** Remember this? Remember the initial Muslim ban, and the hundreds of immigration attorneys that fanned out across the country and camped out in international airports to help stranded immigrants? It’s the International Refugee Assistance Project, and our attorney is one of them, for which we admire her even more.

Strawberry Therapy

A while back I (stupidly, stupidly, stupidly!) got into a heated Facebook discussion with a relative of two good friends. This was a the-current-state-of-healthcare discussion, and this person was lecturing one of my friends—the dear-to-me daughter of a dear friend—in a way that just (as we say here in the South) made me lose my religion.

It wasn’t opinion, what this person was spouting; it was factually incorrect.

And even when I pointed that out,* it didn’t stop her.

I quickly (and privately) said “I’m sorry” to my friends. Then I got up from the computer and went downstairs to engage in strawberry therapy (i.e., I had a gallon of strawberries that needed to be cleaned and sliced) because I was so utterly angry.

Strawberry therapy.

And as I stood there in the kitchen, slicing, slicing, slicing, but embarrassed, too, I thought that sometimes it’s difficult for the person who “owns” the Facebook page where the discussion is happening to speak up. Especially to a relative. So as I calmed down, I decided I was glad I’d said my piece. I was able to go to bed, even, and sleep instead of fretting.

The next morning both of my friends contacted me and thanked me for correcting the person who had been mouthing off.

Trust me when I say I could have written quite a screed. I have strong opinions, but I am trying to behave like the sixtysomething woman I am physically, as opposed to the impassioned twenty-five-year-old I still am inside. But I am still her. I am still that woman.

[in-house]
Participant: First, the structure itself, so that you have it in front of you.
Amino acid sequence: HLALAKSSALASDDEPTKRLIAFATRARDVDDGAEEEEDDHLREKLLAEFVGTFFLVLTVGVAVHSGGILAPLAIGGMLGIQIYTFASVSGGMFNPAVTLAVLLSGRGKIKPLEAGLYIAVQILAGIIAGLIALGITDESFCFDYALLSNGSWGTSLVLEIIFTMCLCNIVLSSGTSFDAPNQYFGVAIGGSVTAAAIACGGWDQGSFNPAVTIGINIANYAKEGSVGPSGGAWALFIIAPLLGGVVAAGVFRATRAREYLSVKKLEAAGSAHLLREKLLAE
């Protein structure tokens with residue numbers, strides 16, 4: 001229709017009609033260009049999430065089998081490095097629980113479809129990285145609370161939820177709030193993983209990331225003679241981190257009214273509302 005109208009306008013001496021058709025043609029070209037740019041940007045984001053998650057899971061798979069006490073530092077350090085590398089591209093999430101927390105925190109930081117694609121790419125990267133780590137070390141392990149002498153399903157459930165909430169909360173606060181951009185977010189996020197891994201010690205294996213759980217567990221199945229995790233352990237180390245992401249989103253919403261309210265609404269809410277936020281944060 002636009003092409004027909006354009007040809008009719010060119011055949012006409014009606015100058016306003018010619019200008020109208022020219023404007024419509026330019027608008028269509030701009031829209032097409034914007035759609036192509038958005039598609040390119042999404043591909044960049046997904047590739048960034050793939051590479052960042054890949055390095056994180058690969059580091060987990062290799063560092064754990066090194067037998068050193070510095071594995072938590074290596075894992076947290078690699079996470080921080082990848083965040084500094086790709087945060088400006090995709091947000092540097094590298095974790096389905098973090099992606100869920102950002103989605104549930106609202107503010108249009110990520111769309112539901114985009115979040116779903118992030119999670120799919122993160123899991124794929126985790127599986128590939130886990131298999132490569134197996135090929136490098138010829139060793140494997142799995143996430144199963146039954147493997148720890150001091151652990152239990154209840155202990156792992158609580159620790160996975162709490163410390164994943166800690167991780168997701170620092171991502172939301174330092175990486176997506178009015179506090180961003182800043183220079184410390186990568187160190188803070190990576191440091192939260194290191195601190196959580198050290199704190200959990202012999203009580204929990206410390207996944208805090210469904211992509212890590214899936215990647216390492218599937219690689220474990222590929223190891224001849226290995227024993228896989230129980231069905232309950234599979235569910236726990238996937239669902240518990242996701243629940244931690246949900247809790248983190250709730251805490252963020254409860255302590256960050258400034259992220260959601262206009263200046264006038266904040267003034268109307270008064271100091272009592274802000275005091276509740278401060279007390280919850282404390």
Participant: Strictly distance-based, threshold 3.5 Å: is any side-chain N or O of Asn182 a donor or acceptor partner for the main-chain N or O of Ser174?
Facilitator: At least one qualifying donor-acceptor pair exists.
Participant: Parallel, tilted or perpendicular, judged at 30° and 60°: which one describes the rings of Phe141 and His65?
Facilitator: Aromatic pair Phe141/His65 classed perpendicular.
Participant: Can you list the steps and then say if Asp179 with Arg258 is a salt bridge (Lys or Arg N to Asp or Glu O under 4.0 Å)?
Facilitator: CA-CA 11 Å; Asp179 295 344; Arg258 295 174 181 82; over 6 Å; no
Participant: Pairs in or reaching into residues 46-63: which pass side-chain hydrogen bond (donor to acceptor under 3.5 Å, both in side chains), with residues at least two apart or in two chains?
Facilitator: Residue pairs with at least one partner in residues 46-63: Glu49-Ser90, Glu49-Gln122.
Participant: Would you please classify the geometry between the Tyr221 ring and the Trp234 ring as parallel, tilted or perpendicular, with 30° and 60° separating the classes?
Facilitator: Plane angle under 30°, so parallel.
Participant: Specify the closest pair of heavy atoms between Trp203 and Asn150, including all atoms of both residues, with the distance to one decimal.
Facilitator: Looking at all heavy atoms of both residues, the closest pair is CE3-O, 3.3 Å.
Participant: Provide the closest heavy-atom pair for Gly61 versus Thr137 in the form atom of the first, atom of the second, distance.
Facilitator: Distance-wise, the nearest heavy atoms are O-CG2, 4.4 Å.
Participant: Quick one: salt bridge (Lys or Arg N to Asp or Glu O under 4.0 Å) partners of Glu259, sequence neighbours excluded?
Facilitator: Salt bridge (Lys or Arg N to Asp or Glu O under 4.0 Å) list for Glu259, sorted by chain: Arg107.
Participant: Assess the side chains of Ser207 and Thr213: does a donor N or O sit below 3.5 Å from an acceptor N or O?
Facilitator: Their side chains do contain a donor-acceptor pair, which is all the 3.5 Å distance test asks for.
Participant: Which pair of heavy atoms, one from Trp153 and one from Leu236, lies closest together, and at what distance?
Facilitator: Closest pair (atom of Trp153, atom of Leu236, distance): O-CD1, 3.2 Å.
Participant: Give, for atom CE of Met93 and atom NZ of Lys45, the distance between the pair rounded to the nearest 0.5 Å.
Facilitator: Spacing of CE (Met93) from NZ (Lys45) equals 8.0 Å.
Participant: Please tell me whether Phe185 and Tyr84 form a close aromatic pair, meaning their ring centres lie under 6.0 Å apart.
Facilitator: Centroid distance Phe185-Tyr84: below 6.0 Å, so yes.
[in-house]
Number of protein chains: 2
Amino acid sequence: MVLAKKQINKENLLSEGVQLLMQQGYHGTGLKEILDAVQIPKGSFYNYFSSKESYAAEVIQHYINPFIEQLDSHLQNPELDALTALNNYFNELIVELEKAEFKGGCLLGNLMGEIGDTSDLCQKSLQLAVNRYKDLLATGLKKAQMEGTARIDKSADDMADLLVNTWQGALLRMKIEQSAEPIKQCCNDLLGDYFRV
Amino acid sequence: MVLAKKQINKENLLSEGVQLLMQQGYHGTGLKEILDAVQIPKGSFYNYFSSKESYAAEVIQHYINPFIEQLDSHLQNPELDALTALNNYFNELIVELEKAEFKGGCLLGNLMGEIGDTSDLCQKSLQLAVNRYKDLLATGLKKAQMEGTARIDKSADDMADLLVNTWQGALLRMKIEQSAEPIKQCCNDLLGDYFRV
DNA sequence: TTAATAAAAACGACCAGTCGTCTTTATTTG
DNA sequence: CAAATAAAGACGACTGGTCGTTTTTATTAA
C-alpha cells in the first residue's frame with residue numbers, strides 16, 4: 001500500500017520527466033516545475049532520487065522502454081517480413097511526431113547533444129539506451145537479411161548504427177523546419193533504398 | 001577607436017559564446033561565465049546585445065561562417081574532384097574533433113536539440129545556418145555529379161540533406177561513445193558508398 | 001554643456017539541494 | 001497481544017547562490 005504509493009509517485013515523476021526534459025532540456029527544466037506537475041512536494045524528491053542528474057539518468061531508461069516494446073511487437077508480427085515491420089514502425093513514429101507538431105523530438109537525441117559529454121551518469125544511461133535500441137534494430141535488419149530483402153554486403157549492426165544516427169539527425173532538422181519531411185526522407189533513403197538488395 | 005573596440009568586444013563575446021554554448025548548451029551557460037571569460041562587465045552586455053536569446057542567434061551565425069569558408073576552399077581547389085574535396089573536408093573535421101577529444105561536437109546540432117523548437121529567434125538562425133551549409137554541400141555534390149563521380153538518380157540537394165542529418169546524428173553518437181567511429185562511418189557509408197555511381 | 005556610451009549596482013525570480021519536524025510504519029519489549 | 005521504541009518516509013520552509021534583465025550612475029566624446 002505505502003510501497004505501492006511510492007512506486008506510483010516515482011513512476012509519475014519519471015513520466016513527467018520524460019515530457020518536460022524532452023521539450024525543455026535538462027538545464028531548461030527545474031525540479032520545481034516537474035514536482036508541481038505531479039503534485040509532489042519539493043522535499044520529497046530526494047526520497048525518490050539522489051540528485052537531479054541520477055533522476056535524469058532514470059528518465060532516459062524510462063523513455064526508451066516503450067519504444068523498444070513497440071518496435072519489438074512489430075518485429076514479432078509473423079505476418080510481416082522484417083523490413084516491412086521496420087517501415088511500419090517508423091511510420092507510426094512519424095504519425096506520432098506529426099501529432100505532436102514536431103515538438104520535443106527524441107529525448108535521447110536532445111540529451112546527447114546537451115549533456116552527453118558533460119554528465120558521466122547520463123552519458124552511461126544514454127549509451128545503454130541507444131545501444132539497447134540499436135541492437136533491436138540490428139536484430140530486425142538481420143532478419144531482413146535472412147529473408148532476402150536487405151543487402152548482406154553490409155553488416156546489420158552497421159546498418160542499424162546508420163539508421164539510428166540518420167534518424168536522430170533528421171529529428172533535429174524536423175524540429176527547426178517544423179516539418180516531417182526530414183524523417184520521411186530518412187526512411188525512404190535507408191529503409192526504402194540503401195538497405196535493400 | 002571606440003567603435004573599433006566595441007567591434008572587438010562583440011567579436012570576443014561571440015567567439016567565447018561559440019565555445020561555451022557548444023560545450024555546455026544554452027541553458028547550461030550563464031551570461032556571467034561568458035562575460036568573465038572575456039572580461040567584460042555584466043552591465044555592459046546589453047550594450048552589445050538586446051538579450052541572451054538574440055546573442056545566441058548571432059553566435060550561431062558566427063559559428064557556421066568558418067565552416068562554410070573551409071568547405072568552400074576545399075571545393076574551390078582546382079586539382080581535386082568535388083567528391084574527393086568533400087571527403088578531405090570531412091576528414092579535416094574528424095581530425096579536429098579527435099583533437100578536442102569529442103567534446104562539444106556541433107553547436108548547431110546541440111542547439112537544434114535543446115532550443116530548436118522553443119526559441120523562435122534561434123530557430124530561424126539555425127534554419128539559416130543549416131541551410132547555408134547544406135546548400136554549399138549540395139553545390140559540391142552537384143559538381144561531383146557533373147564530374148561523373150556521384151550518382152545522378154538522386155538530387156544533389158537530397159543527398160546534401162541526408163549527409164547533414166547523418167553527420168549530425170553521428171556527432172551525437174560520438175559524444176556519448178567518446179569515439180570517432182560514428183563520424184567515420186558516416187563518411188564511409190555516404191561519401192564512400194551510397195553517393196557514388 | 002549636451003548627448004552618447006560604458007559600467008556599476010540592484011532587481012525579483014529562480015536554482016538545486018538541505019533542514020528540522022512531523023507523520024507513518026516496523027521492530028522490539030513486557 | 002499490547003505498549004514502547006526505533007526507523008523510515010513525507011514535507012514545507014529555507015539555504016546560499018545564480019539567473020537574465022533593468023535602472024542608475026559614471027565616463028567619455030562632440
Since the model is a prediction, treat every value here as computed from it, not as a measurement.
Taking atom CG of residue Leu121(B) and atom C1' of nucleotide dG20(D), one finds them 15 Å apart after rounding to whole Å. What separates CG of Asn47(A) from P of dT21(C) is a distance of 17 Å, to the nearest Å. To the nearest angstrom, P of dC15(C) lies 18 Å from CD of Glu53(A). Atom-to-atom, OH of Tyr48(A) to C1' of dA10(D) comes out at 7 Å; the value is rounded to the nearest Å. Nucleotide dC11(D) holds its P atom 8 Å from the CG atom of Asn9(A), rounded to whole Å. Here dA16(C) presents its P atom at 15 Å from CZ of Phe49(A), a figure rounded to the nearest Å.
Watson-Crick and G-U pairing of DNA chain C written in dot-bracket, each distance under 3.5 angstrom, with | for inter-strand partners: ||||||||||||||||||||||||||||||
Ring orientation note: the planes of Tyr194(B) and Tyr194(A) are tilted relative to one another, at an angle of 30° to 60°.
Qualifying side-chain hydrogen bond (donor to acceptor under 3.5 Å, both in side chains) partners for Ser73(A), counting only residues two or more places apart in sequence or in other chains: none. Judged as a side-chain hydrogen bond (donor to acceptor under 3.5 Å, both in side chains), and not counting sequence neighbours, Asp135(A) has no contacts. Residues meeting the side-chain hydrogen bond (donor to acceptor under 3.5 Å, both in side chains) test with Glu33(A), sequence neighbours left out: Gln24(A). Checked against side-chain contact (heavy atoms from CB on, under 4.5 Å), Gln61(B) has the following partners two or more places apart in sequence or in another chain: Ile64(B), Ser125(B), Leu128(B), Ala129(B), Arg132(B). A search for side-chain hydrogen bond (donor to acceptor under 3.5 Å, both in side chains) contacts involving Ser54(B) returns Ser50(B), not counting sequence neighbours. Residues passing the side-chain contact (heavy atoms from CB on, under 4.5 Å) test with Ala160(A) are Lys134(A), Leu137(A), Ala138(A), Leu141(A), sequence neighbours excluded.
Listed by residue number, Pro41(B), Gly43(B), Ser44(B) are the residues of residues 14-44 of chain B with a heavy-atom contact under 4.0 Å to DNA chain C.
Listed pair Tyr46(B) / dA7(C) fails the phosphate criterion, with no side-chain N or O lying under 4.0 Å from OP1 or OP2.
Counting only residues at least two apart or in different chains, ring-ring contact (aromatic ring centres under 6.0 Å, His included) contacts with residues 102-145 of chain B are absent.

* I knew better, of course. I’ve read about confirmation bias, which points out that “when your deepest convictions are challenged by contradictory evidence, your beliefs get stronger.”

I Am Still Speechless, But—

“Video of Police Killing of Philando Castile Is Publicly Released”
New York Times, 20 June 2017

Last week the video made from the dash cam of the cruiser belonging to the police officer who killed Philando Castile was made public by Minnesota state investigators. I’ve seen the video shot by Diamond Reynolds. I am deeply troubled by the acquittal. I don’t even know where to start.

Thank goodness Kimberly Hammers, a smart and thoughtful friend of a friend of mine, did know where to start. I have her permission to to reproduce her comments.

If this is not one of the most troubling things you have ever seen, try to remember a few things:

  1. This was a man with no violent criminal history.
  2. This was a man who was loved by his community, and reportedly took the time to remember the names of all 500 children he served in an elementary school cafeteria, and their food allergies.
  3. He was described as an ideal employee and role model for others.

While all of that is the more personal side of this travesty, and the one that I find myself responding to the most, here’s food for thought for all of the Second Amendment fans out there (and I’m friends with a bunch of you; I know because any time I mention stricter gun control laws I hear from you):

  1. This was man who was exercising his Second Amendment rights, with a legally bought weapon that he had a license to carry.